Charity Doctors Open to Malpractice, Says Virginia Supreme Court | Shapiro, Washburn & Sharp

The Virginia Supreme Court has ruled that doctors who work in charitable foundations are not immune from malpractice suits.

The cases ruled upon by the Virginia Supreme Court involved the University of Virginia Health Services Foundation, who wanted immunity from malpractice suits.  The Foundation’s lawyers claimed that because its physicians were working for a nonprofit organization, they should be protected from malpractice lawsuits.

However the Virginia Supreme Court refused to rule in favor of the Health Services Foundation, saying that while the physicians working for the foundation did perform “commendable” charity care for its patients, the majority of the foundation’s services were not charitable.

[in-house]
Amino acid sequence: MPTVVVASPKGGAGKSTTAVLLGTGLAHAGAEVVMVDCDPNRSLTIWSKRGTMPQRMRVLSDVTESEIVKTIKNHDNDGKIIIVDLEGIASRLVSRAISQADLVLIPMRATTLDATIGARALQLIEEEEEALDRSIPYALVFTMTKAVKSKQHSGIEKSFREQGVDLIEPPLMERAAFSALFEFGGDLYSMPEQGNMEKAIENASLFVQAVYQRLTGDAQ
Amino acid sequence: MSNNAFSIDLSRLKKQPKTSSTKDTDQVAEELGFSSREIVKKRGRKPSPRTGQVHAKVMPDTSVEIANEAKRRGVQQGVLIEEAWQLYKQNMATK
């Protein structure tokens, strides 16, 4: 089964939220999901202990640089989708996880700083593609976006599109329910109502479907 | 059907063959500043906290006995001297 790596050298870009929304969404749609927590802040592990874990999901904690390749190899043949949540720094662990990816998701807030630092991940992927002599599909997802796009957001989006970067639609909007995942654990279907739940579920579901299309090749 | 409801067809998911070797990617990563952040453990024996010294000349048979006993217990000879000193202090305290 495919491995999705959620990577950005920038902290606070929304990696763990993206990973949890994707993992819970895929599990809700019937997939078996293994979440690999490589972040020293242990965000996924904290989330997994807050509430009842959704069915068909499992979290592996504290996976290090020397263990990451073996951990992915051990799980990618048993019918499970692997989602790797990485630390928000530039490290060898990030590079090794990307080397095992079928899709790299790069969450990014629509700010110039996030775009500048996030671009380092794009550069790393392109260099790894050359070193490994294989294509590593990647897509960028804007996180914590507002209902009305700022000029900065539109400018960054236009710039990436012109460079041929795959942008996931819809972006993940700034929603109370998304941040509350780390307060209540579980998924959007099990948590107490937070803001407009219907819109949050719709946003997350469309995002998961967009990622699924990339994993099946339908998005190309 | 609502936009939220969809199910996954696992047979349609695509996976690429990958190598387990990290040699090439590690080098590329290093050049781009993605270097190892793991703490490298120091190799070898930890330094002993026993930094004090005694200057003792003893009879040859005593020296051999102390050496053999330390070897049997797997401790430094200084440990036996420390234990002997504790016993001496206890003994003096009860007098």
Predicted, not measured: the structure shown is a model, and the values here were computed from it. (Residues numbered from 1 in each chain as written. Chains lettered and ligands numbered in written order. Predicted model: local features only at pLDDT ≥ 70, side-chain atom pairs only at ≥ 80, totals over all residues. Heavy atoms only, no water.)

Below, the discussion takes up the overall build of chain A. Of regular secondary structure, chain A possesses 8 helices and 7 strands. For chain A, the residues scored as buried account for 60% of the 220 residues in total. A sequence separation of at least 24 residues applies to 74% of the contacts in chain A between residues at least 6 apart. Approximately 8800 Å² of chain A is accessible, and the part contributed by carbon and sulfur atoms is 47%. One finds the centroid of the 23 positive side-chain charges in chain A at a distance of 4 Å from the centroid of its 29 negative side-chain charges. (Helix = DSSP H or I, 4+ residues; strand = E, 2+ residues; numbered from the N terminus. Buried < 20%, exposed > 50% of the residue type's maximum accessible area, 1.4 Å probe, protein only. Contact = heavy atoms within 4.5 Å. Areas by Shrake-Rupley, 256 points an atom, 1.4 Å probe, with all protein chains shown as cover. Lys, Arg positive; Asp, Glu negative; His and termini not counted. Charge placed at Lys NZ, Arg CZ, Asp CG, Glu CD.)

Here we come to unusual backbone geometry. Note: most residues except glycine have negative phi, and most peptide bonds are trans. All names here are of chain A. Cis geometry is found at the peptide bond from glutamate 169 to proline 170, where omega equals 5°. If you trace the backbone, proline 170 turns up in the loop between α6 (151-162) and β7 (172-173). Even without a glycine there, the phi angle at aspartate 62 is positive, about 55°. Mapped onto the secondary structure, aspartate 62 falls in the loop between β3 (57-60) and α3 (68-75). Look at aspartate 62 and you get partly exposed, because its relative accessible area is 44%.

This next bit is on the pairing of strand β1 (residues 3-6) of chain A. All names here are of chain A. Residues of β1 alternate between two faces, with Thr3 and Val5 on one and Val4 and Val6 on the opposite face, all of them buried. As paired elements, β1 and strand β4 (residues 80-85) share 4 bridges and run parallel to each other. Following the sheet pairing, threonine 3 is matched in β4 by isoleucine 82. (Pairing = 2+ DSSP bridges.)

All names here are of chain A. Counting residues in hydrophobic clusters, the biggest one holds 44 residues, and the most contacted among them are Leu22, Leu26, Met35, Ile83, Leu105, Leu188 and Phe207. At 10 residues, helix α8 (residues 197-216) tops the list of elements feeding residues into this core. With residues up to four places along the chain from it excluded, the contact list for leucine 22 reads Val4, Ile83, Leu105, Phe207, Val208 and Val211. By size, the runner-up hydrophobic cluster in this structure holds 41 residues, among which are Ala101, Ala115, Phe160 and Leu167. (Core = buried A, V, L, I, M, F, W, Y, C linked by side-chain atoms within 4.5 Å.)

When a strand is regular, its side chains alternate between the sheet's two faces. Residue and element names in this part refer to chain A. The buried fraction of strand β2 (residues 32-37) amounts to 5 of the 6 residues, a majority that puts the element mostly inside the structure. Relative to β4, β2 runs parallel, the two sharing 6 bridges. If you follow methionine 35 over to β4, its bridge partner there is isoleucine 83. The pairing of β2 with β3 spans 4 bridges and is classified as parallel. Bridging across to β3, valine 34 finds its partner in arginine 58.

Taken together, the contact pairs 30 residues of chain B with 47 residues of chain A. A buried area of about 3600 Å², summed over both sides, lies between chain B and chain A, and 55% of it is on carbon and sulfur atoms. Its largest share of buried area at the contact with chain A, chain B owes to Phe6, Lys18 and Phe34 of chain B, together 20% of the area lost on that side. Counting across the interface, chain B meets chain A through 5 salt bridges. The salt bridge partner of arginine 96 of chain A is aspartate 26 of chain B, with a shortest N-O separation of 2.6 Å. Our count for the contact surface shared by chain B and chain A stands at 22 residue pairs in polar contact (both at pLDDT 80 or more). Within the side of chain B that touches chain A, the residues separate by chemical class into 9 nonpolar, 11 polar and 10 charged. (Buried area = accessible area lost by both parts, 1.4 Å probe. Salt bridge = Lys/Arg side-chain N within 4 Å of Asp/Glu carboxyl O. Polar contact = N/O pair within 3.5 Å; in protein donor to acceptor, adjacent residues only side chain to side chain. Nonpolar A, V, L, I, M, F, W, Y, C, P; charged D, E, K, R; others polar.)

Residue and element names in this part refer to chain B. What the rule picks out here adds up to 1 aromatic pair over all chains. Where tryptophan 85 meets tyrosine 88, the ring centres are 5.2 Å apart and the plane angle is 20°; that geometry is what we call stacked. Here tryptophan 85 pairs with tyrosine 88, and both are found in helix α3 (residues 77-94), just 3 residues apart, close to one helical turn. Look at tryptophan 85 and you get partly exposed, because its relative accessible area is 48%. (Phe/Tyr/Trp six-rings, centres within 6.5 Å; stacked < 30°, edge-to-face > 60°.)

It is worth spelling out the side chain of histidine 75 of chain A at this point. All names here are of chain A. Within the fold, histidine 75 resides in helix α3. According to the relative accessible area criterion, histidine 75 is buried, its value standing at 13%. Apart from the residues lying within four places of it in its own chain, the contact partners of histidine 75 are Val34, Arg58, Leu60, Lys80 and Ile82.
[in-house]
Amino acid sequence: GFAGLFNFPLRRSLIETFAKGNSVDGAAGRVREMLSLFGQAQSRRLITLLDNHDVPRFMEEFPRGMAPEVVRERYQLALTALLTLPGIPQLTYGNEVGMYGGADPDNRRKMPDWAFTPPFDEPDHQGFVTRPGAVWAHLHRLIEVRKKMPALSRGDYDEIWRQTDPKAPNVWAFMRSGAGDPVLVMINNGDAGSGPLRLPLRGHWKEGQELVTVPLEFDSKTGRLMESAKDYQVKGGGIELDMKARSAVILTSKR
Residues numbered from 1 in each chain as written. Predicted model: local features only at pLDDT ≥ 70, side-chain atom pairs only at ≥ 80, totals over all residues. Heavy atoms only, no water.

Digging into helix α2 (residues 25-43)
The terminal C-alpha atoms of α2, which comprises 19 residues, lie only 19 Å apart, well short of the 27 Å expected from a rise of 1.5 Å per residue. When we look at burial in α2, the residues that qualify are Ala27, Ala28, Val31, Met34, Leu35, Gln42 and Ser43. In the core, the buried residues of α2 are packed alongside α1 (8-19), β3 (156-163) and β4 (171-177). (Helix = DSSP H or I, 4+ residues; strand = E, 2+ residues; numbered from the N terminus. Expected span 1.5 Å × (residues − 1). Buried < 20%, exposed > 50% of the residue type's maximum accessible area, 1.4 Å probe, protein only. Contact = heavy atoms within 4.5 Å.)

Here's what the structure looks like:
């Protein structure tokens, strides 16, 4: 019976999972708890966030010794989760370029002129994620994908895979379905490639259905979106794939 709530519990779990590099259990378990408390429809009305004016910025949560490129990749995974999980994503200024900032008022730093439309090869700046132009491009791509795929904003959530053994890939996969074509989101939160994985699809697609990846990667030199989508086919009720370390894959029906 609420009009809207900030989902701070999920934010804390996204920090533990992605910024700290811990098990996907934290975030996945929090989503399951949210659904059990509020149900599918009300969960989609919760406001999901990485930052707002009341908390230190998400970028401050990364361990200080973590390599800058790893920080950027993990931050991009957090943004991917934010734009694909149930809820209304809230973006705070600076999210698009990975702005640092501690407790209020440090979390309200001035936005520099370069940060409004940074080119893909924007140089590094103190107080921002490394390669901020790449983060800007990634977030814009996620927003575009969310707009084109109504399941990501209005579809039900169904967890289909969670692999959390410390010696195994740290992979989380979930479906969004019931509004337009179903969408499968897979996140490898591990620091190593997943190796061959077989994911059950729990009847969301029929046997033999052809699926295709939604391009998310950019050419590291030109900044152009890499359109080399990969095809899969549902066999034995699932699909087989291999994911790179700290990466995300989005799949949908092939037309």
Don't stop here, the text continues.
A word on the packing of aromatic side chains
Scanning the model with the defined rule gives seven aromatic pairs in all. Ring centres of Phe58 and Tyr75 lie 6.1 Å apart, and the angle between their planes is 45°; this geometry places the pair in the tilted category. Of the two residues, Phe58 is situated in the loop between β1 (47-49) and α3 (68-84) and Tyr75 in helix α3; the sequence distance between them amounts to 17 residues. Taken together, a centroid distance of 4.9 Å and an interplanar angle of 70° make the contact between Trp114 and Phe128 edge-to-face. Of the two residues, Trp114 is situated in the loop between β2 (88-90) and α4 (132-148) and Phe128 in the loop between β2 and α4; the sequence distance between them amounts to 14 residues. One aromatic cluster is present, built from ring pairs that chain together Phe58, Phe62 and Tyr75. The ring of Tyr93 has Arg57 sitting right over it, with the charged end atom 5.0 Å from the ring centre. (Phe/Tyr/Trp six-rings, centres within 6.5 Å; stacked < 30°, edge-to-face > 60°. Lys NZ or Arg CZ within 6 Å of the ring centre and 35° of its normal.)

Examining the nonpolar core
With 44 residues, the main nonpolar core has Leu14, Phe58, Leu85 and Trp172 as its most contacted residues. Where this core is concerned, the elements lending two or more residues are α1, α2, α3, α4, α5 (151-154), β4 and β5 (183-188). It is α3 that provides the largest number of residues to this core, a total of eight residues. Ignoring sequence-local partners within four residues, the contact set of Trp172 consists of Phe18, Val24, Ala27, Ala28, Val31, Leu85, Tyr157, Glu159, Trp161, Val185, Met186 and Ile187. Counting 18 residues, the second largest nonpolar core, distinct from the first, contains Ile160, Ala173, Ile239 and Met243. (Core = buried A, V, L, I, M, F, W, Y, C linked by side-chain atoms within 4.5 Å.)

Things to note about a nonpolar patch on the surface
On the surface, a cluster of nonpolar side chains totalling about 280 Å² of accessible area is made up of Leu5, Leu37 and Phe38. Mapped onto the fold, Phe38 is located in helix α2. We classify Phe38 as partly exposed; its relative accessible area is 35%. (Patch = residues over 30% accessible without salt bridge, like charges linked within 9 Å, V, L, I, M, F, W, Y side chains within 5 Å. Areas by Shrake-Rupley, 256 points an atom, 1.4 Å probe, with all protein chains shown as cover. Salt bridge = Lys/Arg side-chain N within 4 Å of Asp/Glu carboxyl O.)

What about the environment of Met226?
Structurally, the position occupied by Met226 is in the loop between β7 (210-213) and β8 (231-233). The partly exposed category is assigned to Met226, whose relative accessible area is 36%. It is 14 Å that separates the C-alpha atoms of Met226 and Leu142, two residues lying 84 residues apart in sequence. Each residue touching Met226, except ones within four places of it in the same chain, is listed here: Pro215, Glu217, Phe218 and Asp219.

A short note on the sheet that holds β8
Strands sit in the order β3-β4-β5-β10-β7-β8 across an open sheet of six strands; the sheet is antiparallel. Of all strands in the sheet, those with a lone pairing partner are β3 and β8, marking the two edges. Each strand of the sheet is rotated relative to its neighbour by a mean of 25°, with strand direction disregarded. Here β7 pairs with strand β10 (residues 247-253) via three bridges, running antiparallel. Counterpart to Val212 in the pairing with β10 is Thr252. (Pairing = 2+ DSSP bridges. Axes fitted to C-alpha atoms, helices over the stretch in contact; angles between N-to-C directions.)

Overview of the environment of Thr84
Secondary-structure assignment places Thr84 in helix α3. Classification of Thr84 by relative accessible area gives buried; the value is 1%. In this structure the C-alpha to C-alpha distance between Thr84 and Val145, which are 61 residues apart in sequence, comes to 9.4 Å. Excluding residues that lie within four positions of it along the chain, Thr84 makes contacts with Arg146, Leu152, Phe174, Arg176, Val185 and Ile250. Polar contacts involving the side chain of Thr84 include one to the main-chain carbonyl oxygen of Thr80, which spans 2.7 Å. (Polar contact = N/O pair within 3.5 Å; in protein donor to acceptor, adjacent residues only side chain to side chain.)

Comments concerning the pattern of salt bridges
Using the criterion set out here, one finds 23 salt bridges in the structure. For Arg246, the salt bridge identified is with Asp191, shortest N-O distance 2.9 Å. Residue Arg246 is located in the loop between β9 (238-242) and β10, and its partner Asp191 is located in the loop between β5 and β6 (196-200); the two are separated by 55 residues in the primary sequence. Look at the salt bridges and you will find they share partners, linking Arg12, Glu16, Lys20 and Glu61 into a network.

The court said, “HSF operates like a profitable commercial business with extensive revenue and assets… HSF is therefore not immune from tort liability under the doctrine of charitable immunity.”

According to the court’s 28-page opinion, the Virginia Supreme Court found that the University of Virginia Foundation “operates more like a for-profit business than a charitable organization.”

The court concluded that of the foundation’s $225 million in annual income in 2005, charitable work made up less than one per cent.

Another college that will be affected by the ruling is Eastern Virginia Medical School, which also has a nonprofit physicians group called the Academic and Physicians and Surgeons Health Services Foundation affiliated with it.